CICD Development Docker Infrastructure Linux

Databases with dokku

This is part 2 of a couple of blog posts about dokku, a amazing little Heroku clone.

In the previous post I showed how to set up Dokku on a DigitalOcean droplet, and deployed a little hello-world container with a single git push. The reason why I wanted dokku thoug was the need of a database. As said – hosting comes cheap, databases usually come either expensive or with limited flexibility, or just too annoying configuration effort.

Dokku is the perferct middle ground. Let’s see why.

For me it was the existing postgres plugin which you can simply install and use. The whole process is incredibly easy, takes wbout two commands, and looks like this (let’s assume our “hello world” container uses a database):

$ sudo dokku plugin:install postgres

That’s it, again.

$ dokku postgres:create hello-world

dokku postgres:create hello-world
Waiting for container to be ready
Creating container database Securing connection to database
=====> Postgres container created: hello-world
=====> Container Information
       Config dir: /var/lib/dokku/services/postgres/hello-world/config
       Data dir: /var/lib/dokku/services/postgres/hello-world/data
       Dsn: postgres://postgres:bd6b0725d710bb5a662bb628eee787b1@dokku-postgres-hello-world:5432/hello_world
       Exposed ports: -
       Id: 785ef252c748ed85739d1d6ad375a1e1bd66e925ac79358e9ffaa30ab852d6c0 
       Internal ip:
       Links: -
       Service root: /var/lib/dokku/services/postgres/hello-world
       Status: running
       Version: postgres:10.2

$ docker ps

CONTAINER ID   IMAGE                      COMMAND                  CREATED         STATUS         PORTS      NAMES
cc99cccacf2c   dokku/hello-world:latest   "/bin/sh -c 'php-fpm…"   2 minutes ago   Up 2 minutes   80/tcp     hello-world.web.1
785ef252c748   postgres:10.2              "docker-entrypoint.s…"   5 minutes ago   Up 5 minutes   5432/tcp   dokku.postgres.hello-world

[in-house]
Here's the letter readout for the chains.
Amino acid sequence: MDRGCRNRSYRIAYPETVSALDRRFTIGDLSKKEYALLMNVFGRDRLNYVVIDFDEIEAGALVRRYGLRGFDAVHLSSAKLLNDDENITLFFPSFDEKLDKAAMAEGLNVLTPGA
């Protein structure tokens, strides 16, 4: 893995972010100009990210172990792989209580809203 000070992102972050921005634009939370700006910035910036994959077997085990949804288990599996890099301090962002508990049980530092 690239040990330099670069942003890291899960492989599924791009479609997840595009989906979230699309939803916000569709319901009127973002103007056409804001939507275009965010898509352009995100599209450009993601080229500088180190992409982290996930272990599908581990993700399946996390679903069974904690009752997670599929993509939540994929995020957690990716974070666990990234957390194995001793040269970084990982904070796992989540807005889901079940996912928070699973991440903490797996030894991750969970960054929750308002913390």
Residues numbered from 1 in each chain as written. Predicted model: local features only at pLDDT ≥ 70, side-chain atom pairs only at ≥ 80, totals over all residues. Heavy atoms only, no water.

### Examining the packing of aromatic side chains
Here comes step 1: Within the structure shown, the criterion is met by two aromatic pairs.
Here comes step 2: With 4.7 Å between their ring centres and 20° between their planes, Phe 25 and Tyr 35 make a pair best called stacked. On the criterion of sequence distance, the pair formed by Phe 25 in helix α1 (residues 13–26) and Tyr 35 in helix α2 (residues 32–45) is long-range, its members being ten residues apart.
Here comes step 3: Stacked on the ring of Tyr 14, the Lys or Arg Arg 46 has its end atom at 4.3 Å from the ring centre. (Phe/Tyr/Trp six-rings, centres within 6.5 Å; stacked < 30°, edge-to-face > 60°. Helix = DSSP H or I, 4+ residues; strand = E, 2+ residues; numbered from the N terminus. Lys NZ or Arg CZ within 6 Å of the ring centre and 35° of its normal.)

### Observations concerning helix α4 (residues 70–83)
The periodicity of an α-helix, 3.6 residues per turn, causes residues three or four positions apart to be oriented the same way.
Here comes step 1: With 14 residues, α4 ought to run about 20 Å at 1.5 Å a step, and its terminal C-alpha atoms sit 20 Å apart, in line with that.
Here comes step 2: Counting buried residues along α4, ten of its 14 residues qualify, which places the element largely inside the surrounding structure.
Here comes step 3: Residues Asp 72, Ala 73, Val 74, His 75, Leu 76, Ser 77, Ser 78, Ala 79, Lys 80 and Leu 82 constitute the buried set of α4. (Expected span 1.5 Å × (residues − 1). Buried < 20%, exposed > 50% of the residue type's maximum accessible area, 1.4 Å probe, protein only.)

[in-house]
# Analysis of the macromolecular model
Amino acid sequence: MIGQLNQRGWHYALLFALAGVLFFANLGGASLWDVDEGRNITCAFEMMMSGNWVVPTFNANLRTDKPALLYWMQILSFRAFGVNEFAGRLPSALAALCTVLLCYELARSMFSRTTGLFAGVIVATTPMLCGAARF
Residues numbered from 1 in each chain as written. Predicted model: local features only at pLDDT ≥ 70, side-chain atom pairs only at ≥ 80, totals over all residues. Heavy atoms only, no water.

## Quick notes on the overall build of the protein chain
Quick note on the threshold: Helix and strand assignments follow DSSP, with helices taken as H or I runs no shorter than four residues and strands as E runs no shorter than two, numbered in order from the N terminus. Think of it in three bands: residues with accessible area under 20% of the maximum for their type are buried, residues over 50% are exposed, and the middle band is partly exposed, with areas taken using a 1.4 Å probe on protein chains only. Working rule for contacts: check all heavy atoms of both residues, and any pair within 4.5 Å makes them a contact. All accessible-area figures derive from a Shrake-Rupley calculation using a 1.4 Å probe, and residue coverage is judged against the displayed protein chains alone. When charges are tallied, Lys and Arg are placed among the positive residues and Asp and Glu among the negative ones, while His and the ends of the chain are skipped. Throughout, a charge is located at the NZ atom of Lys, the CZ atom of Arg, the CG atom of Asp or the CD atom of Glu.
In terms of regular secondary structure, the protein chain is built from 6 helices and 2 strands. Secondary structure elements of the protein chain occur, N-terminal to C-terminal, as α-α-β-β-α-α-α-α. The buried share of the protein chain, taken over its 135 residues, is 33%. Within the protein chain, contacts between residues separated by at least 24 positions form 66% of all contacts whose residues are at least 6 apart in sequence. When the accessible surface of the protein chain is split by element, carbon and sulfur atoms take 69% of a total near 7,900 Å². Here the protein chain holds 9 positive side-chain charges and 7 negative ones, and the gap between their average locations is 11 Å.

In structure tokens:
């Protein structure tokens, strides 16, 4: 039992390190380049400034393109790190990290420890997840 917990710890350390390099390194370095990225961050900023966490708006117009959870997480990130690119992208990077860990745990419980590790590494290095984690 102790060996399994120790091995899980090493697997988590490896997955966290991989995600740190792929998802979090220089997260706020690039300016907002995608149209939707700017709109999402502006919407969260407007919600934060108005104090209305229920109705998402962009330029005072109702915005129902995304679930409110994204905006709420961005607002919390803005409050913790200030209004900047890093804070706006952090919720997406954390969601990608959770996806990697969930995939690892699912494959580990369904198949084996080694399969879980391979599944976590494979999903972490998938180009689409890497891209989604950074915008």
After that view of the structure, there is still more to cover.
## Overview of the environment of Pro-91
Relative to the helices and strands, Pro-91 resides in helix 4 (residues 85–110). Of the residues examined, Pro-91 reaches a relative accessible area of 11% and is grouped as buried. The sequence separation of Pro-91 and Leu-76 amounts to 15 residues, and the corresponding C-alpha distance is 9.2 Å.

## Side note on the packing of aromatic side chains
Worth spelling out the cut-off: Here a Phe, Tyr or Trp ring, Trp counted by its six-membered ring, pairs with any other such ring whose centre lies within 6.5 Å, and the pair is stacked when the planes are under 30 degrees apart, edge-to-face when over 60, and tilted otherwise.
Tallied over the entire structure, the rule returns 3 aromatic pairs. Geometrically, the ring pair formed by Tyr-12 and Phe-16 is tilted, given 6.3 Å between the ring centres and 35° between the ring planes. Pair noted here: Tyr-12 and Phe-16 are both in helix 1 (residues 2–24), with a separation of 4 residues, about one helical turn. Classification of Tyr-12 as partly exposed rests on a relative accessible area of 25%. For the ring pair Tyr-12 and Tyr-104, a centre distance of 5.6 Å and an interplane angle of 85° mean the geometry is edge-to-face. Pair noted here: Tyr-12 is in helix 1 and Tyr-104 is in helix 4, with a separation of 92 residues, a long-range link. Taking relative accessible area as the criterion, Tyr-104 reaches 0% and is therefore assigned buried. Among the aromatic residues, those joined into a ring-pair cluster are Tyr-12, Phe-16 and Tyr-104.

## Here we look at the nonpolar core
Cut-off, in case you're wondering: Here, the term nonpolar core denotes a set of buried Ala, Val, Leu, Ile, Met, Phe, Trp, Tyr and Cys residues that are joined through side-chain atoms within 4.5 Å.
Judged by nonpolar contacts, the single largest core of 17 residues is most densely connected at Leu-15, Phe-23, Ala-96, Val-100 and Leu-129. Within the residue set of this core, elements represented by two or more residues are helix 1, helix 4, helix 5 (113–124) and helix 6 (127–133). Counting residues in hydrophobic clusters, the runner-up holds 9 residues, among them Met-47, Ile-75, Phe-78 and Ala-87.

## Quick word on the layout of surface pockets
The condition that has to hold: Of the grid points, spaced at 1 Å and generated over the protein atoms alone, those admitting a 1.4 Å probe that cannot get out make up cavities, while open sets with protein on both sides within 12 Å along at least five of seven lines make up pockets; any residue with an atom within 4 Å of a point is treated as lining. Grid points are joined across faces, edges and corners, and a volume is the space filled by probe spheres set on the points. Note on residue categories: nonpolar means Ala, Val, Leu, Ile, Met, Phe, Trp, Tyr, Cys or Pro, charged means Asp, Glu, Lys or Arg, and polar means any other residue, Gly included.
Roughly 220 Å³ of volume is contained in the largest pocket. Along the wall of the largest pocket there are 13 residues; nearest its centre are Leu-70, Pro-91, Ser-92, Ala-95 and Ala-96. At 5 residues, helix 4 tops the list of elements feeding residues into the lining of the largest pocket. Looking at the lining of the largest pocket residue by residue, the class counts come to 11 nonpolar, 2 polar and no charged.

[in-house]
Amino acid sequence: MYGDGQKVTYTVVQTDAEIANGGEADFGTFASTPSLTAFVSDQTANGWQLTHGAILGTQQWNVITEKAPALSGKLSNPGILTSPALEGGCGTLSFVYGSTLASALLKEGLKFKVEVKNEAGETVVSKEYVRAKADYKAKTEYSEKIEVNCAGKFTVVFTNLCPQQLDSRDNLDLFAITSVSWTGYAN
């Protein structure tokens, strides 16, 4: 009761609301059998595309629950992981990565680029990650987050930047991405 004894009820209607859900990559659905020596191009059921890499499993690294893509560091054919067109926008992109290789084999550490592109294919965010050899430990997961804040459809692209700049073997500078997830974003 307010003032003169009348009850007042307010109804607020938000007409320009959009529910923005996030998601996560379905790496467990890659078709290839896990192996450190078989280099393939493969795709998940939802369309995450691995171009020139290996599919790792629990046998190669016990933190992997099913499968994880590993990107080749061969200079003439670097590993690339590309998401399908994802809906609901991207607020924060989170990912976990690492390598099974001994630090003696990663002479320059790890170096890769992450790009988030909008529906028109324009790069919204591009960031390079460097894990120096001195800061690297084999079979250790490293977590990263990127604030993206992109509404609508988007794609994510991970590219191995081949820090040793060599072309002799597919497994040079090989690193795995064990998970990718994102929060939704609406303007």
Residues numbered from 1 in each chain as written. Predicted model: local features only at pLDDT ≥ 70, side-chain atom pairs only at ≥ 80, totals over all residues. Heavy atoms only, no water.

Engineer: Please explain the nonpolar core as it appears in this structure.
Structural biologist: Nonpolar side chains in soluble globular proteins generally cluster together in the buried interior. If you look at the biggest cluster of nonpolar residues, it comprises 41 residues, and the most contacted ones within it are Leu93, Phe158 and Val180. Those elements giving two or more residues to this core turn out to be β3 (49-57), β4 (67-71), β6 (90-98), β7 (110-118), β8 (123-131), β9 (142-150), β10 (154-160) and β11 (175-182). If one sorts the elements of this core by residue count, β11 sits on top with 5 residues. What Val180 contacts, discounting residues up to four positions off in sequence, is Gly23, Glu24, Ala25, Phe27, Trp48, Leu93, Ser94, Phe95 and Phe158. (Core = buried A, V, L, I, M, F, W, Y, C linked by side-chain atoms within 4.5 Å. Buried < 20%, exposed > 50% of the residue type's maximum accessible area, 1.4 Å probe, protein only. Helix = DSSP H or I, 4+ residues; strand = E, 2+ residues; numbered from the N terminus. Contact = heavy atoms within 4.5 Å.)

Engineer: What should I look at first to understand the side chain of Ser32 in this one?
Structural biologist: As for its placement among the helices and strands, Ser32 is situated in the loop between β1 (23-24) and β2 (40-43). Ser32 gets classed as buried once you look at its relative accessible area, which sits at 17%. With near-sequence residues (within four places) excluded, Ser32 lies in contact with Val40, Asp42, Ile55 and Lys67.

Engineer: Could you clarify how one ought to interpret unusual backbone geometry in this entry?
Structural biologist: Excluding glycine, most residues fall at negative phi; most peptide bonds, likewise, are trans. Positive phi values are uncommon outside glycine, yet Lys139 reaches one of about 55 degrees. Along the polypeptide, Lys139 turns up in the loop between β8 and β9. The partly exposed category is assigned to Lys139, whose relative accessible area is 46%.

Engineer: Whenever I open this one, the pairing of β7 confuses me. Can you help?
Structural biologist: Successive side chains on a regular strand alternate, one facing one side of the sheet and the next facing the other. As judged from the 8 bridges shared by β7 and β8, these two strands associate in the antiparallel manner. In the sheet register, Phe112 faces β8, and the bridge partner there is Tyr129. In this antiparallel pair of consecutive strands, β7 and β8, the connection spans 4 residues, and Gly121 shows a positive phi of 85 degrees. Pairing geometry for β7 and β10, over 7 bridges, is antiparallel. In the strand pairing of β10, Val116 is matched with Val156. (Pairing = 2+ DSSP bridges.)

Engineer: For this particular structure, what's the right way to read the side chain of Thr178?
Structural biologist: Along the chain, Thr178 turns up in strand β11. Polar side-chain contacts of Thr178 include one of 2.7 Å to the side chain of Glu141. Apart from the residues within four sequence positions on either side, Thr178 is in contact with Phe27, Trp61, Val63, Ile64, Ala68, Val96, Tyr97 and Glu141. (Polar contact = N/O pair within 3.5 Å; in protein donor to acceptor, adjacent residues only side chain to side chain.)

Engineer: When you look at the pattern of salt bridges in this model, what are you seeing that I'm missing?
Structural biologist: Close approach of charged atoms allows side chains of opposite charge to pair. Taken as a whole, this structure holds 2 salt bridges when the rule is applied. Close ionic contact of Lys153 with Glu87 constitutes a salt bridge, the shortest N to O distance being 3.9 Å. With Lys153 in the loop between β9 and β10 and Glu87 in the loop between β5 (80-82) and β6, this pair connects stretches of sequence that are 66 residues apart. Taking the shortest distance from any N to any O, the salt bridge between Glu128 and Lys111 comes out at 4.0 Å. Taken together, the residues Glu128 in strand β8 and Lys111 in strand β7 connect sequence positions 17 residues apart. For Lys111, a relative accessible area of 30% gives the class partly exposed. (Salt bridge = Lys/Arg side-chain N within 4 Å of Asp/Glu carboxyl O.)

This creates a database container with postgres 10.2, as you can see. You can influence a lot of behavior by using environment variables, see the GitHub page for more info.

Then you link the container to the running app:

$ dokku postgres:link hello-world hello-world
-----> Setting config vars
       DATABASE_URL: postgres://postgres:bd6b0725d710bb5a662bb628eee787b1@dokku-postgres-hello-world:5432/hello_world
-----> Restarting app hello-world
-----> Releasing hello-world (dokku/hello-world:latest)...
-----> Deploying hello-world (dokku/hello-world:latest)...
-----> Attempting to run scripts.dokku.predeploy from app.json (if defined)
-----> No Procfile found in app image
-----> DOKKU_SCALE file found (/home/dokku/hello-world/DOKKU_SCALE)
=====> web=1
-----> Attempting pre-flight checks 
       For more efficient zero downtime deployments, create a file CHECKS. 
       See for examples 
       CHECKS file not found in container: Running simple container check...
-----> Waiting for 10 seconds ...
-----> Default container check successful!
-----> Running post-deploy
-----> Configuring built-in template)
-----> Creating http nginx.conf
-----> Running nginx-pre-reload Reloading nginx
-----> Setting config vars DOKKU_APP_RESTORE: 1
-----> Found previous container(s) (14c349cb496d) named hello-world.web.1
=====> Renaming container (14c349cb496d) hello-world.web.1 to hello-world.web.1.1535285386
=====> Renaming container (cc99cccacf2c) serene_bassi to hello-world.web.1
-----> Attempting to run scripts.dokku.postdeploy from app.json (if defined)
-----> Shutting down old containers in 60 seconds
=====> 14c349cb496d95cc4be1833f2e7f6ef2bef099a37c2a22cd4dcdb542f09bea0f
=====> Application deployed:

And done.

What happened? You have now the environment variable $DATABASE_URL set in the hello-world app, that’s why the restart was necessary (which you can postpone, if you want, but you probably need it now, right?).

Let’s check:

$ docker exec -ti hello-world.web.1 /bin/sh 

[now in the container]

# env | grep DATABASE 

That’s it. Super easy. Now if you’re using Django, you could use kennethreitz/dj-database-url to automatically parse and use it, and you’re done. (Probably every framework has something similar, so just have a look).

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